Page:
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House of Horrors #108037
06/06/04 06:43 AM
06/06/04 06:43 AM
electure  Offline
OP
Member
Joined: Dec 2000
Posts: 4,263
Fullerton, CA USA
Submitted by CT Wireman
He'll explain these


[Linked Image]


[Linked Image]


Take it away, Peter!...S

2017 / 2014 NEC & Related Books and Study Guides
Re: House of Horrors #108038
06/06/04 08:29 AM
06/06/04 08:29 AM
C
CTwireman  Offline
Member
Joined: Feb 2002
Posts: 840
Connecticut, USA
Pic 1- Romex embedded in 1/2 inch of plaster. After I took down the light, I grabbed the wire, and down it came!!

Pic 2- Well ventilated octagon box. Every knockout removed. The shabby looking wires on the right emerge from disintegrating AC cable. No connectors obviously.


Peter
Re: House of Horrors #108039
06/06/04 08:46 AM
06/06/04 08:46 AM
B
BigJohn  Offline
Member
Joined: Mar 2004
Posts: 391
Boston, MA
Quote
Romex embedded in 1/2 inch of plaster.

I knew an industrial electrician who specialized in that method: Notch drywall to put in some NM-B and then just run a strip of tape and some compound overtop of it.

The H/O sees how easy it is to do, assumes it's code compliant, and suddenly you find that everywhere in the house. [Linked Image]

-John

Re: House of Horrors #108040
06/06/04 08:58 AM
06/06/04 08:58 AM
T
Texas_Ranger  Offline
Member
Joined: Dec 2001
Posts: 2,407
Vienna, Austria
Quote
Romex embedded in 1/2 inch of plaster.


Here in Austria that would be an acceptable wiring method, though no one would do that in a plaster & lathe ceiling since it'd be much easier to fish the wires parallel to the joists. One small hole where the wire enters the ceiling and one at the fixture, viola! Done that many times (though I _always_ used flexible pvc conduit). Removed loads of such wiring from our walls here. Old time geniuses here used THHN instead of NM in order to bury it in plaster! _That_ is scary!

Re: House of Horrors #108041
06/06/04 09:04 AM
06/06/04 09:04 AM
I
iwire  Offline
Moderator
Joined: Jan 2003
Posts: 4,391
North Attleboro, MA USA
We are allowed to do that in some instances with the right kind of cable, but we would also need to follow this rule.

Quote
In a shallow chase in masonry, concrete, or adobe protected against nails or screws by a steel plate at least 1.59 mm (1 /16 in.) thick and covered with plaster, adobe, or similar finish


Bob Badger
Construction & Maintenance Electrician
Massachusetts
Re: House of Horrors #108042
06/06/04 09:05 AM
06/06/04 09:05 AM
C
CTwireman  Offline
Member
Joined: Feb 2002
Posts: 840
Connecticut, USA
Oh yeah, forgot to mention, what's really dumb about the NM in plaster is there's a wide open attic above that ceiling! [Linked Image]

The NM was going to a 3-prong outlet down on the wall, which was also pretty stupid considering they tapped it from old AC cable and "forgot" to connect the ground wire to anything.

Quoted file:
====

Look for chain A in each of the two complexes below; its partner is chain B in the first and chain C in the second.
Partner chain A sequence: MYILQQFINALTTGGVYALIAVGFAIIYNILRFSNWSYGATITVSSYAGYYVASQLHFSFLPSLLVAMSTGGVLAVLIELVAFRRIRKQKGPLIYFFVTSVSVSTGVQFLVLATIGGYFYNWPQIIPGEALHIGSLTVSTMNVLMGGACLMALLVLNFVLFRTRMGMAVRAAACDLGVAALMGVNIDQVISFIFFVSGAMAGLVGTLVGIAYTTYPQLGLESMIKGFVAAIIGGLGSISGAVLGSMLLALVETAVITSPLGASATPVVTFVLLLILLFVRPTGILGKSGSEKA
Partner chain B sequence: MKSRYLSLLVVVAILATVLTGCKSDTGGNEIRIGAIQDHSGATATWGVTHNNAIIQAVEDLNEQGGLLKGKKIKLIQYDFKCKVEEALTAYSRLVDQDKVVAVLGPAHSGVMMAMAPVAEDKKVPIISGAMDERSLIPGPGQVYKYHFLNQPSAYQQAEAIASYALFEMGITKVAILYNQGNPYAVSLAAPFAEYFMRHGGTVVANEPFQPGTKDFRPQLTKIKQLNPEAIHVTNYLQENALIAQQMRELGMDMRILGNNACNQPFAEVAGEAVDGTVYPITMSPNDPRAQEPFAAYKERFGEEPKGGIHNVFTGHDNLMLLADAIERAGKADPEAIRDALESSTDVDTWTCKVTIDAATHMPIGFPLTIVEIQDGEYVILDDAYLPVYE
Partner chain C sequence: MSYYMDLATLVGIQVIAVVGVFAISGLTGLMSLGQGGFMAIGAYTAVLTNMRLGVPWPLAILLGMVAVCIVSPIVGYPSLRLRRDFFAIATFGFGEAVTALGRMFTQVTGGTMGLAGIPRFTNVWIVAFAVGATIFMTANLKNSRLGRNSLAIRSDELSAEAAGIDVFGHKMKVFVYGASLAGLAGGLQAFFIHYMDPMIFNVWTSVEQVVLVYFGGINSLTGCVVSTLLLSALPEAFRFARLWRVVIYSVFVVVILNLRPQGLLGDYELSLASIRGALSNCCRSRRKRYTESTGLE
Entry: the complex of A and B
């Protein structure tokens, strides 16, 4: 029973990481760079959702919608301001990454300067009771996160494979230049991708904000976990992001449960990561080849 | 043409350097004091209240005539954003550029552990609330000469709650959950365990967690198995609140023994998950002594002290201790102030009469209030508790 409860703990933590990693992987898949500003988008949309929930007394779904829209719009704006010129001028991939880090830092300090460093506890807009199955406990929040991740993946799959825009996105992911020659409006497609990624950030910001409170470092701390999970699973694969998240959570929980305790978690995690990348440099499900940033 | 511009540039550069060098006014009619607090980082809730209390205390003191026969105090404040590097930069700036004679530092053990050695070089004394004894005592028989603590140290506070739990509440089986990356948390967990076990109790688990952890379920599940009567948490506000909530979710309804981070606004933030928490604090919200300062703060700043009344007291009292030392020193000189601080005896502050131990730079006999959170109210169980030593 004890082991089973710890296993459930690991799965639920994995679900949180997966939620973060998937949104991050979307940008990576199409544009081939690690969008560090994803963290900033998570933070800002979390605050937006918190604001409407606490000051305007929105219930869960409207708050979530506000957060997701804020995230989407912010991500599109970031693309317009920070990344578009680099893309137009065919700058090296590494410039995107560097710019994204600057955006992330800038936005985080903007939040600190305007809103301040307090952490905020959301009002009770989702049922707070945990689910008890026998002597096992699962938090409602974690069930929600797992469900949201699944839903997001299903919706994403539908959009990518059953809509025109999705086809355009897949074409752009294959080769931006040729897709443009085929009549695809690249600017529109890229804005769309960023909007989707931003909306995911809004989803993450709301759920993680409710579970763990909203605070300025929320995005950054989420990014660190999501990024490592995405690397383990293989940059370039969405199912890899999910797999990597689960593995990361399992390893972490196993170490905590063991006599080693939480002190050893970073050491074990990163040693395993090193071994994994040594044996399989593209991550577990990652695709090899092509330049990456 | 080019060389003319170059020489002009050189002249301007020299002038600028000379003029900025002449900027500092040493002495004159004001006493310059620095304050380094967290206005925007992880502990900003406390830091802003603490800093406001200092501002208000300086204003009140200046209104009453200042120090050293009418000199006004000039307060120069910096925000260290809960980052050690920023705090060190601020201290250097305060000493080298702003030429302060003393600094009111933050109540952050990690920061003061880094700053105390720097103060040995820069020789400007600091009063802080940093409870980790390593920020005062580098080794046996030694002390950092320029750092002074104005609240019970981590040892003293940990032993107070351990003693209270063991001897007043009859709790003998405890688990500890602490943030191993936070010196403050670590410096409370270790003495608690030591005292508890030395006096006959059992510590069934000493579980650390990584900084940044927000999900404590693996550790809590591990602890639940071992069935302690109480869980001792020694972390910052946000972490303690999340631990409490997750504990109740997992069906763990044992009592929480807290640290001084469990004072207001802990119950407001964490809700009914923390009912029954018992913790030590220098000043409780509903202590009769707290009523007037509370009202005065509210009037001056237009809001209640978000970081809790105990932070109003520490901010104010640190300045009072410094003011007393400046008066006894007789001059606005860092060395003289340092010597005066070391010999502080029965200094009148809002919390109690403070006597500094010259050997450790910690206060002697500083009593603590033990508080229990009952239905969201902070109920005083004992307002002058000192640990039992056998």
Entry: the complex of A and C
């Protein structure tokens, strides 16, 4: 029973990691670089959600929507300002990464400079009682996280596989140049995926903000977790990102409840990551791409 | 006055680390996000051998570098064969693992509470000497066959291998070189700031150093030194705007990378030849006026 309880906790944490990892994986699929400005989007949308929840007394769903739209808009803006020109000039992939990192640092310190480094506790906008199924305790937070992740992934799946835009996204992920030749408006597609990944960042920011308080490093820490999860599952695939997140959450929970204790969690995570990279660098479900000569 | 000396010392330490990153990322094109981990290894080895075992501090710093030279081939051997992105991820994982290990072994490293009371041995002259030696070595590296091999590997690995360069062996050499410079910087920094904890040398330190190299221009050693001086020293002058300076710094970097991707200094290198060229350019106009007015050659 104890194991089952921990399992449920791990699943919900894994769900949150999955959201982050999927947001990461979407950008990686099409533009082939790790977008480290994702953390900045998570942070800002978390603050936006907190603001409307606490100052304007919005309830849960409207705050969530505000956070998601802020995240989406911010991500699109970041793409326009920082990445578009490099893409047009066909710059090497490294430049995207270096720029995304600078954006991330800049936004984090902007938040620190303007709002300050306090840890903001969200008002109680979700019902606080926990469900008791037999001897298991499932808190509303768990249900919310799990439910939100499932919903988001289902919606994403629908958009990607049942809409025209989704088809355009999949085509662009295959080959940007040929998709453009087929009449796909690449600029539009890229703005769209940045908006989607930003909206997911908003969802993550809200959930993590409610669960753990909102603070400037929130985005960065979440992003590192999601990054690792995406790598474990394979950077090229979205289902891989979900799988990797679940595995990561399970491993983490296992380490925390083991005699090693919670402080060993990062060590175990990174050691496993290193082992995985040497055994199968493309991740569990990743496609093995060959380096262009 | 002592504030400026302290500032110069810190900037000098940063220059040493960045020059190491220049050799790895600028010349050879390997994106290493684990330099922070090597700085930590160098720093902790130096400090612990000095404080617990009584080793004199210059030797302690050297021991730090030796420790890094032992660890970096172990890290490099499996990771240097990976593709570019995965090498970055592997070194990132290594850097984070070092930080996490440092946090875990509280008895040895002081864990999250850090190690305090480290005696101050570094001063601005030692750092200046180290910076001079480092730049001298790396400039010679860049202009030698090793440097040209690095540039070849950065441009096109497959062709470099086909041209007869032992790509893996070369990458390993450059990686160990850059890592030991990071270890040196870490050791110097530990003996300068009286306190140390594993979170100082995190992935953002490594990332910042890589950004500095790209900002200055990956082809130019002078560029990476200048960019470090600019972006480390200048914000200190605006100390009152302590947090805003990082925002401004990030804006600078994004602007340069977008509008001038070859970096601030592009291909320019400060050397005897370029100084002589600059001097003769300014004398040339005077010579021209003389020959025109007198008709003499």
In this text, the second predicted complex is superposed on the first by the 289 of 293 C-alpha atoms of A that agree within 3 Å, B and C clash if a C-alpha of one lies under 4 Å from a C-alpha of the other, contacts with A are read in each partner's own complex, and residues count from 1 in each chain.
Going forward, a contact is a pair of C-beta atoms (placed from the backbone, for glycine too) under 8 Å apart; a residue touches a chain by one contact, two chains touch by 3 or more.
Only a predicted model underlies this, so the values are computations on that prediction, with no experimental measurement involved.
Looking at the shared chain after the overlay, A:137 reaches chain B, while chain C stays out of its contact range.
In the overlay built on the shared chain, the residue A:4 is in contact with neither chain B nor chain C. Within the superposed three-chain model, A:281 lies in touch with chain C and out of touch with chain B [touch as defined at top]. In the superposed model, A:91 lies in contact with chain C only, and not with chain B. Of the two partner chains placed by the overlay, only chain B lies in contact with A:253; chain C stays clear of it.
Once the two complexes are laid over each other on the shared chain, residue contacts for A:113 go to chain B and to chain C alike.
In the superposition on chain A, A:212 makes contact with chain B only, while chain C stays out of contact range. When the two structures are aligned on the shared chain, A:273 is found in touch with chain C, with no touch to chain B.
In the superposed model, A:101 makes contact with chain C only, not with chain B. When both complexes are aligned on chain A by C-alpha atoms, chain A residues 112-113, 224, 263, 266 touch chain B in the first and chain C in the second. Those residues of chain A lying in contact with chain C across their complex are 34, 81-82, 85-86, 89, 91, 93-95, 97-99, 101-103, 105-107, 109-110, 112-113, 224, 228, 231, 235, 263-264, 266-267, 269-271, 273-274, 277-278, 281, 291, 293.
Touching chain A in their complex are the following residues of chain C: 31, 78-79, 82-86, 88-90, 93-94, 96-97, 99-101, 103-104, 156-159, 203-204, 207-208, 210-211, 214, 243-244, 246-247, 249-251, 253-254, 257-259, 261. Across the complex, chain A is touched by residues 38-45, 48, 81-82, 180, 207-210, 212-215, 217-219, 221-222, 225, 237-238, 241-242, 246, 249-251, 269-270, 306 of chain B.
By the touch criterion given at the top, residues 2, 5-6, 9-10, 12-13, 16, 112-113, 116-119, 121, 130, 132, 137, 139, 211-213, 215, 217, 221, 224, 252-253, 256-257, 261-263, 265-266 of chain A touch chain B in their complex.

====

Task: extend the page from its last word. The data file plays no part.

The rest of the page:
Bob, I don't think this comes even close to meeting any of those rules. I think out West though, where concrete and adobe houses are pretty common, you would see a lot of this.

[This message has been edited by CTwireman (edited 06-06-2004).]


Peter
Re: House of Horrors #108043
06/06/04 11:13 AM
06/06/04 11:13 AM
S
SteveMc  Offline
Member
Joined: Feb 2004
Posts: 62
Rock Hill, SC
No wonder homeowners think it's okay to do this, I saw on one of the home shows the "electrician" running NM under the cove molding around the ceiling for some recessed cans.

Re: House of Horrors #108044
06/06/04 11:35 AM
06/06/04 11:35 AM
I
iwire  Offline
Moderator
Joined: Jan 2003
Posts: 4,391
North Attleboro, MA USA
Peter

Quote
Bob, I don't think this comes even close to meeting any of those rules. I think out West though, where concrete and adobe houses are pretty common, you would see a lot of this.


I agree with you 100% I was mostly responding to Texas Ranger. [Linked Image]

Bob


Bob Badger
Construction & Maintenance Electrician
Massachusetts
Re: House of Horrors #108045
06/06/04 11:38 AM
06/06/04 11:38 AM
Lostazhell  Offline
Member
Joined: Feb 2004
Posts: 1,431
Bakersfield, CA (Originally Or...
CTwireman wrote:

Quote
I think out West though, where concrete and adobe houses are pretty common, you would see a lot of this.


Cant say I've come across this before! (the embedded romex) ! It's amazing how much work someone can put into doing something the wrong way!
Now on the other hand... The open air rated 4/O box is a California homeownered classic [Linked Image]
-Randy

Re: House of Horrors #108046
06/06/04 04:10 PM
06/06/04 04:10 PM
P
pauluk  Offline
Member
Joined: Aug 2001
Posts: 7,520
Norfolk, England
Cable buried directly in the plaster and only a fraction of an inch below the surface is also very common in many old British houses.

To be code-compliant, the cable needs to be protected by channeling.

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